UPenn Chair Trustee Scott L. Bok pressed to make payments in place of public school taxes
Bok has been requested to change the university’s position on payments in lieu of taxes (PILOTs), and make payments in place of public school taxes.
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Scott L. Bok was announced as the incoming University of Pennsylvania (UPenn) Chair of the Board of Trustees in late 2020. Bok began the position in July 2021.
The UPenn alumni succeeded David L. Cohen, who had been acting Chair since November 2009 and is now the U.S. Ambassador to Canada, was a noted opponent of PILOTs.
Now Bok is being pressed to change the university’s position on payments in lieu of taxes (PILOTs), and begin making payments to an Educational Equity Fund.
“Public schools depend on property taxes, and Penn is the largest private property owner in Philadelphia,” said Ann Farnsworth-Alvear, Associate Professor of History. “With an endowment of $20.5 billion, Penn can easily afford to pay 40% of what it would owe in property taxes.”
Penn for PILOTs — a group of UPenn faculty and staff, from both the university or Penn Medicine — are behind the push, acting as primary advocates for the cause.
The group believes UPenn should make payments towards an Educational Equity Fund that is governed by the School District and City of Philadelphia.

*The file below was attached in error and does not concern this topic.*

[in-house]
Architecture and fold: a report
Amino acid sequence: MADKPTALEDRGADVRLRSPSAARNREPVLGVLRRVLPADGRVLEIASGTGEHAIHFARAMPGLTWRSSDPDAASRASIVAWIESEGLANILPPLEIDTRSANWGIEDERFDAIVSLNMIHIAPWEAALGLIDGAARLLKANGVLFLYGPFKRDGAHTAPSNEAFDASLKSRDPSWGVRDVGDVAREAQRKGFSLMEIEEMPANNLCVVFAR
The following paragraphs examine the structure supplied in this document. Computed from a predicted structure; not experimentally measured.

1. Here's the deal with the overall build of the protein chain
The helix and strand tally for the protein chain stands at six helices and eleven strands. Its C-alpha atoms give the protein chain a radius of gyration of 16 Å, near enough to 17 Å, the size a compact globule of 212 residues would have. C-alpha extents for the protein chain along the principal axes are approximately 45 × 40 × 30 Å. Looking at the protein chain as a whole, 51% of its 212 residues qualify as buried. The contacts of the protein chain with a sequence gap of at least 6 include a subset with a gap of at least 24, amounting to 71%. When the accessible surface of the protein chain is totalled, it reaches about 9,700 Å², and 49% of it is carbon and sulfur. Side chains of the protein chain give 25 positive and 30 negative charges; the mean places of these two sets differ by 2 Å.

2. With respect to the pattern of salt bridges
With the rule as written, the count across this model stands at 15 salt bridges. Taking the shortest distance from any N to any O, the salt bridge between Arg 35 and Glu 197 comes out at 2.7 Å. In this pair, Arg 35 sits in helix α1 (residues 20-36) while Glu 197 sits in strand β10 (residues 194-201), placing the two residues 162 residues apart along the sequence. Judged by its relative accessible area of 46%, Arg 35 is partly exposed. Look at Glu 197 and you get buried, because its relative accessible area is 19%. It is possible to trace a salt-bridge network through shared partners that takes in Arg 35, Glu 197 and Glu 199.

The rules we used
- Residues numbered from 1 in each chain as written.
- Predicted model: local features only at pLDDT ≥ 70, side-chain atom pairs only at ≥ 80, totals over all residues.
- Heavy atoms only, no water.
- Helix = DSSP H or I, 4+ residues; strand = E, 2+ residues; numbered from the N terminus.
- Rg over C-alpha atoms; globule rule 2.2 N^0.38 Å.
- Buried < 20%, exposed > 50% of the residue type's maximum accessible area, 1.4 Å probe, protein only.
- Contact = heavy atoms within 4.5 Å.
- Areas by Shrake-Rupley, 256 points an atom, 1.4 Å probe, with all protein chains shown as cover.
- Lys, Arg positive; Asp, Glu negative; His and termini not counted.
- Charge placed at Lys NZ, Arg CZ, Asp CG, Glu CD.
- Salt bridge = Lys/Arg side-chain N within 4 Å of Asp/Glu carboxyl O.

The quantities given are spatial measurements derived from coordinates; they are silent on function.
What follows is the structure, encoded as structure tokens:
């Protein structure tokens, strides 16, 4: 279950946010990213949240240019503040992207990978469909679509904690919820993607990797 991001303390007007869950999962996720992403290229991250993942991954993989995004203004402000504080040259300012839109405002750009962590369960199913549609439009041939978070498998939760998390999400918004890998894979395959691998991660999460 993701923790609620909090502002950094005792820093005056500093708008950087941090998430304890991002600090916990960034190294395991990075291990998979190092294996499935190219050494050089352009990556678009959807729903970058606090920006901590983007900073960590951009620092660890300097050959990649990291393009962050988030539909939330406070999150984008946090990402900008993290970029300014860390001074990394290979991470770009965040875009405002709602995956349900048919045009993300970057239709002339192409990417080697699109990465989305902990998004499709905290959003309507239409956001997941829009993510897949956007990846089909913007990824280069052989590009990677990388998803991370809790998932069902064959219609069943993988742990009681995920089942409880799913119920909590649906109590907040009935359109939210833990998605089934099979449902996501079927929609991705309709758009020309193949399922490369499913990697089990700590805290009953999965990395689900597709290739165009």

Over 200 Penn faculty and staff have delivered letters to Bok, sent a night before a March 3 and 4 Board of Trustees meeting, asking the Chair to alter Penn’s policy on PILOTs.
Penn for PILOTs is also hoping to communicate their message to incoming president Elizabeth Magill.
UPenn announced a $100 million donation to public schools in November 2020, to be paid over 10 years. Penn for PILOTs responded to the donation in their letter to Bok:
“We consider Penn’s announced gift of $100 million… a positive first step toward fulfilling its responsibility, and only a first step… Together with more than 1,000 of our colleagues, we have called on Penn to pay 40% of what it would owe in property taxes every year on a permanent basis,” they wrote
If Penn agreed to Penn for PILOTs requests, the university would need to pay approximately $40 million each year. This is four times what Penn has already promised in their donation, and does not account for the inflation which will not affect Penn’s donation.
You can attend an event tonight, March 3, organized by Penn for PILOTs: “What Penn Owes Philadelphia Families.”
The event is open to all Penn faculty and community members, and will feature a conversation on Penn’s impact on Philadelphia, specifically West Philly, and “its history of dispossessing and displacing Black, Brown, and immigrant families.”
“What is Penn’s civic obligation to the public schools? How can Penn help preserve affordable housing around its campus? Learn how you can support the efforts of the Coalition to Save the University Townhomes, and Penn for PILOTS,” stated Penn for PILOTs.